Gregorio Rosas, owner of Ludi’s • Photo by Miasmin Andre

If you’re walking down the streets of Seattle and get a sudden craving for pork adobo, your options may be slim. Filipinos make-up nearly 3 percent of Seattle’s population, but finding a traditional Filipino meal is trickier than you think.

Last year one of Seattle’s most popular Filipino restaurants, Inay’s, closed due to rising rent, making it even more difficult to find a spot to satisfy that craving.

Now, if you search for Filipino restaurants in Seattle on Google or Yelp, there are only a few results. Some of the more well-known ones are Oriental Mart in Pike Place Market, PhilHouse on Martin Luther King Way, Tropical Hut on Rainier Avenue and Ludi’s in the heart of downtown Seattle.

Ludi’s may look like your average breakfast diner, but it is far from it. Walking up the concrete steps of Pike Street and Second Avenue, the air is filled with smells of garlic fried rice, fresh eggs and Longganisa, a sweet Filipino pork sausage.

Gregorio Rosas, current owner of Ludi’s, views his restaurant as a place that brings two cultures together.

“Kain tayo!” a customer exclaims—translated to English, this means “Let’s eat!”

By sharing the traditional breakfasts of the U.S. and the Philippines, Rosas has created an environment where Filipino food can flourish.

“I think the best thing about Ludi’s is that I don’t want to be just a Filipino restaurant per se,” Rosas says. “If you have just Filipino food, sometimes people don’t want to try it. They say, ‘No, I won’t eat the blood stew!’” Instead, Rosas serves both American omelets and Filipino breakfast.

“If you have a place where Americans and Filipinos can be together, it becomes happier,” he says.

Making way to America

Ludi’s isn’t just rich in its bold flavors, but also in stories.

Rosas’s first job in the United States was working as a dishwasher. He learned the ropes of restaurant work and adjusting to American culture. He has worked at Ludi’s since 1978.

Rosas spent his childhood living in Manila with his mother and nine siblings. His mother was diagnosed with terminal breast cancer when Rosas was 7 years old. Shortly after, she decided to give Rosas up for informal adoption in the Philippines.

“We were poor,” he says, “I don’t think my mom could handle the idea that she wouldn’t be able to take care of me anymore.”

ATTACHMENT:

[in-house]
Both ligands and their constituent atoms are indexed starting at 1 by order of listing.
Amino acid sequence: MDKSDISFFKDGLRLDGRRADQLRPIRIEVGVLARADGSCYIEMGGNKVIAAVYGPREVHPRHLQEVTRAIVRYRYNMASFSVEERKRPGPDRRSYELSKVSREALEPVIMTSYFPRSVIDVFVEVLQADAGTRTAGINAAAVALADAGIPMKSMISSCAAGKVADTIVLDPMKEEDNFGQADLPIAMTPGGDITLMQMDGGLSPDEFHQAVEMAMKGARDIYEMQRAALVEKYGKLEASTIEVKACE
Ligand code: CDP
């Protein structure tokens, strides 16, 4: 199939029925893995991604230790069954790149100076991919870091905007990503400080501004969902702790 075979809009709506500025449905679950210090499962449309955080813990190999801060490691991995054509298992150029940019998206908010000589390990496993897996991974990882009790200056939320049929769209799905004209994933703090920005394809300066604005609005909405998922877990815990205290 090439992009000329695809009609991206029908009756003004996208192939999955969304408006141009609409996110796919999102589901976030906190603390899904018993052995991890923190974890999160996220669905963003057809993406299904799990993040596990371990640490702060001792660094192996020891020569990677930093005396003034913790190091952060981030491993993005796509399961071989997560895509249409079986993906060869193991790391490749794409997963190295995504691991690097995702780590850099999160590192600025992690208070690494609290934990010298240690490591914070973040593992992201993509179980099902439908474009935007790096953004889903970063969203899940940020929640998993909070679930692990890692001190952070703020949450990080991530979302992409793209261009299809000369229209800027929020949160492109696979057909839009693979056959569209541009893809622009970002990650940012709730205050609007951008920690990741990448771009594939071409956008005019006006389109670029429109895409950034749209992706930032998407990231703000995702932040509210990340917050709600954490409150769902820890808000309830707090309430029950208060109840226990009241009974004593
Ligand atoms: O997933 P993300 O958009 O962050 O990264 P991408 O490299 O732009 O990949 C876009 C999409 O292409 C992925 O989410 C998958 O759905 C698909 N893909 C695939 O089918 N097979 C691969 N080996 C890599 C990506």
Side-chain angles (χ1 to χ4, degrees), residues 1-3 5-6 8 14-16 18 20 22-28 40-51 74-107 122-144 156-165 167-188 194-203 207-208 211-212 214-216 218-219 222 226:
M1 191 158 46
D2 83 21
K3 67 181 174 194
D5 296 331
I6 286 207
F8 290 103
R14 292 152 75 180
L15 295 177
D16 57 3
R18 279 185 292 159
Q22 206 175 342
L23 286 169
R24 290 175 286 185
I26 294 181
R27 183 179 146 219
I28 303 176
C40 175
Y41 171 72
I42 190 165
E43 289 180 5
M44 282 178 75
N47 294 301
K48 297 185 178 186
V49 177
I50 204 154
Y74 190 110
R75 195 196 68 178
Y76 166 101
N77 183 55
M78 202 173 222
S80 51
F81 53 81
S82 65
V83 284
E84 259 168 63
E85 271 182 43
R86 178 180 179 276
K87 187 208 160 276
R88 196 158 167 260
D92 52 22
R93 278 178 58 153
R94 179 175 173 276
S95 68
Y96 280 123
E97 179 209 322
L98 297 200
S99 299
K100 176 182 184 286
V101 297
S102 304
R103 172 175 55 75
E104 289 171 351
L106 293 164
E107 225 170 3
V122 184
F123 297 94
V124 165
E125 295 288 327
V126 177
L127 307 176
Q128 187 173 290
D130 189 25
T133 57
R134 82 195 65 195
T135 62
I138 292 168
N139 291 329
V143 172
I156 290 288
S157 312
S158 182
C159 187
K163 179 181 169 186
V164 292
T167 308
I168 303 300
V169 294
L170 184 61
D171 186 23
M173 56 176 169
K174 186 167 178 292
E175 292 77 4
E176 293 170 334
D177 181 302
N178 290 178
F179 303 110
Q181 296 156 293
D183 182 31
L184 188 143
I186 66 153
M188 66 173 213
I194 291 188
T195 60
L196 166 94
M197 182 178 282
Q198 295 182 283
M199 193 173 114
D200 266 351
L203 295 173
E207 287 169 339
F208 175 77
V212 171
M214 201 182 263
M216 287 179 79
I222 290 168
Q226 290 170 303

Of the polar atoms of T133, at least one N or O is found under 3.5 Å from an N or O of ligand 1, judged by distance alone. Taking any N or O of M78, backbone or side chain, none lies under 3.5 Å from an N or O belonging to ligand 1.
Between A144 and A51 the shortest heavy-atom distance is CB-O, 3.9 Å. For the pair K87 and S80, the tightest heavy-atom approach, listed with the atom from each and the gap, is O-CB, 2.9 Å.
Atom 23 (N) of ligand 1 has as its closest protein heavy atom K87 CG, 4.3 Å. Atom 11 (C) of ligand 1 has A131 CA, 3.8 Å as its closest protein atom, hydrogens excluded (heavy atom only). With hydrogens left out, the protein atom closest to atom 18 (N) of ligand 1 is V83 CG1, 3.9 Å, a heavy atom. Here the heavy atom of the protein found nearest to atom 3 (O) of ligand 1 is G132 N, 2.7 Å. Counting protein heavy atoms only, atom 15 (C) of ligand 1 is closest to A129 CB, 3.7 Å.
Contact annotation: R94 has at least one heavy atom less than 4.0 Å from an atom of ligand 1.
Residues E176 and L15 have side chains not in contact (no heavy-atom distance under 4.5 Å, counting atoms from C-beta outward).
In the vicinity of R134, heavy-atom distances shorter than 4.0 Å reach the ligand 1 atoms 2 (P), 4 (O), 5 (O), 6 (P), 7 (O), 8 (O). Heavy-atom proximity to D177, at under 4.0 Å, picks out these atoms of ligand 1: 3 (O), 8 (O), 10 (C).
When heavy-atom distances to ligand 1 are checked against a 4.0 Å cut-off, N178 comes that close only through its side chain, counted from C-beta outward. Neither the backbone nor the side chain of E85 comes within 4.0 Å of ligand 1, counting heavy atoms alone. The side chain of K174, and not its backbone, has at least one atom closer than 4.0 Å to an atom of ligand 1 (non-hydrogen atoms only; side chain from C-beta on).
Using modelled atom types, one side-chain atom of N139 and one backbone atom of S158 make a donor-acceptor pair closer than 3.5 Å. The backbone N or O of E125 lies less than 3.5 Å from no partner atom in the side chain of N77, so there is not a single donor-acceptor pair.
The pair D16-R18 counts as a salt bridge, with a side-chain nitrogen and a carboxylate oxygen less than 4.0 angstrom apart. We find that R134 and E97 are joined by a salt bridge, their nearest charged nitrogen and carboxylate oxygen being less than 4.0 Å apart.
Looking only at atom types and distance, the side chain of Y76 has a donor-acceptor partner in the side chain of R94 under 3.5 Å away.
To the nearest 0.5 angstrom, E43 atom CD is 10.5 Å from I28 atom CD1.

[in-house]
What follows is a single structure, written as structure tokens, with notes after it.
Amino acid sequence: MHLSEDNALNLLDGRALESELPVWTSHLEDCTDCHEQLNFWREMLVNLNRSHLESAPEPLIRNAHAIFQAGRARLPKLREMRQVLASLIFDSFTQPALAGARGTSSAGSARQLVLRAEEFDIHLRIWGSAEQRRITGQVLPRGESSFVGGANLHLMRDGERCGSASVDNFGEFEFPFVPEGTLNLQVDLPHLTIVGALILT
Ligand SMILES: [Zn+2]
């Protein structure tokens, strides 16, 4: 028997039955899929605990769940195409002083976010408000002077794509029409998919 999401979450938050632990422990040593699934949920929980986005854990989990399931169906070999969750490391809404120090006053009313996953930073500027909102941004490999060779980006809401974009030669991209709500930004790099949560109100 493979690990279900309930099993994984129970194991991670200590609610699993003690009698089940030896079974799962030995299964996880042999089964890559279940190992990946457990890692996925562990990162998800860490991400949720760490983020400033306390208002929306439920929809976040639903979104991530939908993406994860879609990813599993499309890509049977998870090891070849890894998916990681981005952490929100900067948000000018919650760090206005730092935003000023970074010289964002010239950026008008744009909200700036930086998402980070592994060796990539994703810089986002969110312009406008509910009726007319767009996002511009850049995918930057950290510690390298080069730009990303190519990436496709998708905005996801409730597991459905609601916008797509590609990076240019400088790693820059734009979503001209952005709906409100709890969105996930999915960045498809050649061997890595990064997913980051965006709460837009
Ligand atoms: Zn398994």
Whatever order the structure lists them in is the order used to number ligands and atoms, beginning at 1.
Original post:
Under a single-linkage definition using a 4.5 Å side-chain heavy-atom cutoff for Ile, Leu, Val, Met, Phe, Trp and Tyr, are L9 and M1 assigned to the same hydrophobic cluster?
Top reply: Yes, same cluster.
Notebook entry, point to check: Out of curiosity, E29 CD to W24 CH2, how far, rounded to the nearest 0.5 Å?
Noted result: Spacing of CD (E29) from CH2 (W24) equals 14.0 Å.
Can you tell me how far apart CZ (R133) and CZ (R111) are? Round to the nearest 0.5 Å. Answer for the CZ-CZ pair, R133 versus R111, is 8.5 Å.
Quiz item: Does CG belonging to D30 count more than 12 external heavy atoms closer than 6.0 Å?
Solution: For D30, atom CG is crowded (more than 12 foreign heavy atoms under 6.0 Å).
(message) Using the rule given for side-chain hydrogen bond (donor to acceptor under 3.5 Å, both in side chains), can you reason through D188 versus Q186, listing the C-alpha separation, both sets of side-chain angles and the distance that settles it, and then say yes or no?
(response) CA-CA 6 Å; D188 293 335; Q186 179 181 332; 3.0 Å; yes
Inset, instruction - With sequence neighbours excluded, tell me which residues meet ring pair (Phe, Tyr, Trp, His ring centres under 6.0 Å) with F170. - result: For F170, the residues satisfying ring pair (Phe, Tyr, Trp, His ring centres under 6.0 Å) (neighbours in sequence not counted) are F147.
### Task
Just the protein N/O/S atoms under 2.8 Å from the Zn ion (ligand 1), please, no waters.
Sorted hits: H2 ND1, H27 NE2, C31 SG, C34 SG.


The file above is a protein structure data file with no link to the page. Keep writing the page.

At 7, he moved out of his family home and into the arms of a foster parent. Because they were so poor, Rosas had to work. The pressure of taking care of his younger siblings began to mount, and although he was young, Rosas knew it was time to find a job.

That year he began working as a houseboy. He bounced from family to family cleaning houses or making meals, taking care of anything that was requested. Rosas continued this for six years before finding work at the terminal moving crates onto barges.

When he 13, Rosas’s life changed when he was spotted at the terminals by an American couple vacationing in Manila.

“They immediately said, ‘You are too young and skinny to be doing this type of work.’” Appalled by harsh terminal conditions, the couple offered him a job as a houseboy in their vacation home.

This time, his work as a houseboy was different. His hosts were extremely generous and offered to send him to school in exchange for work. They even offered to take him to the U.S.

“One summer they said, ‘Gregorio, let us take you to America!’ and I thought ‘Oh my God. Is this real?’” he recalls. “I had no other chance to come to America. This was the best opportunity I could have.”

During his time in Seattle, Rosas has passed that generosity along.

“He petitioned my family to come to the United States and took all of their expenses,” says Justin Pacis, Ludi’s employee for the past seven years. “If it wasn’t for him, I wouldn’t be here with you talking right now.”

Whether it be for his family, his employees, or his customers, Rosas is always eager to help.

“Relatives or non-relatives, it doesn’t matter to him,” Pacis continues. “I see him working with strangers and helping them. I used to think to myself, ‘why was he doing that?’ But when he told me about his life, I started to get it. I started to want to give more. It’s contagious.”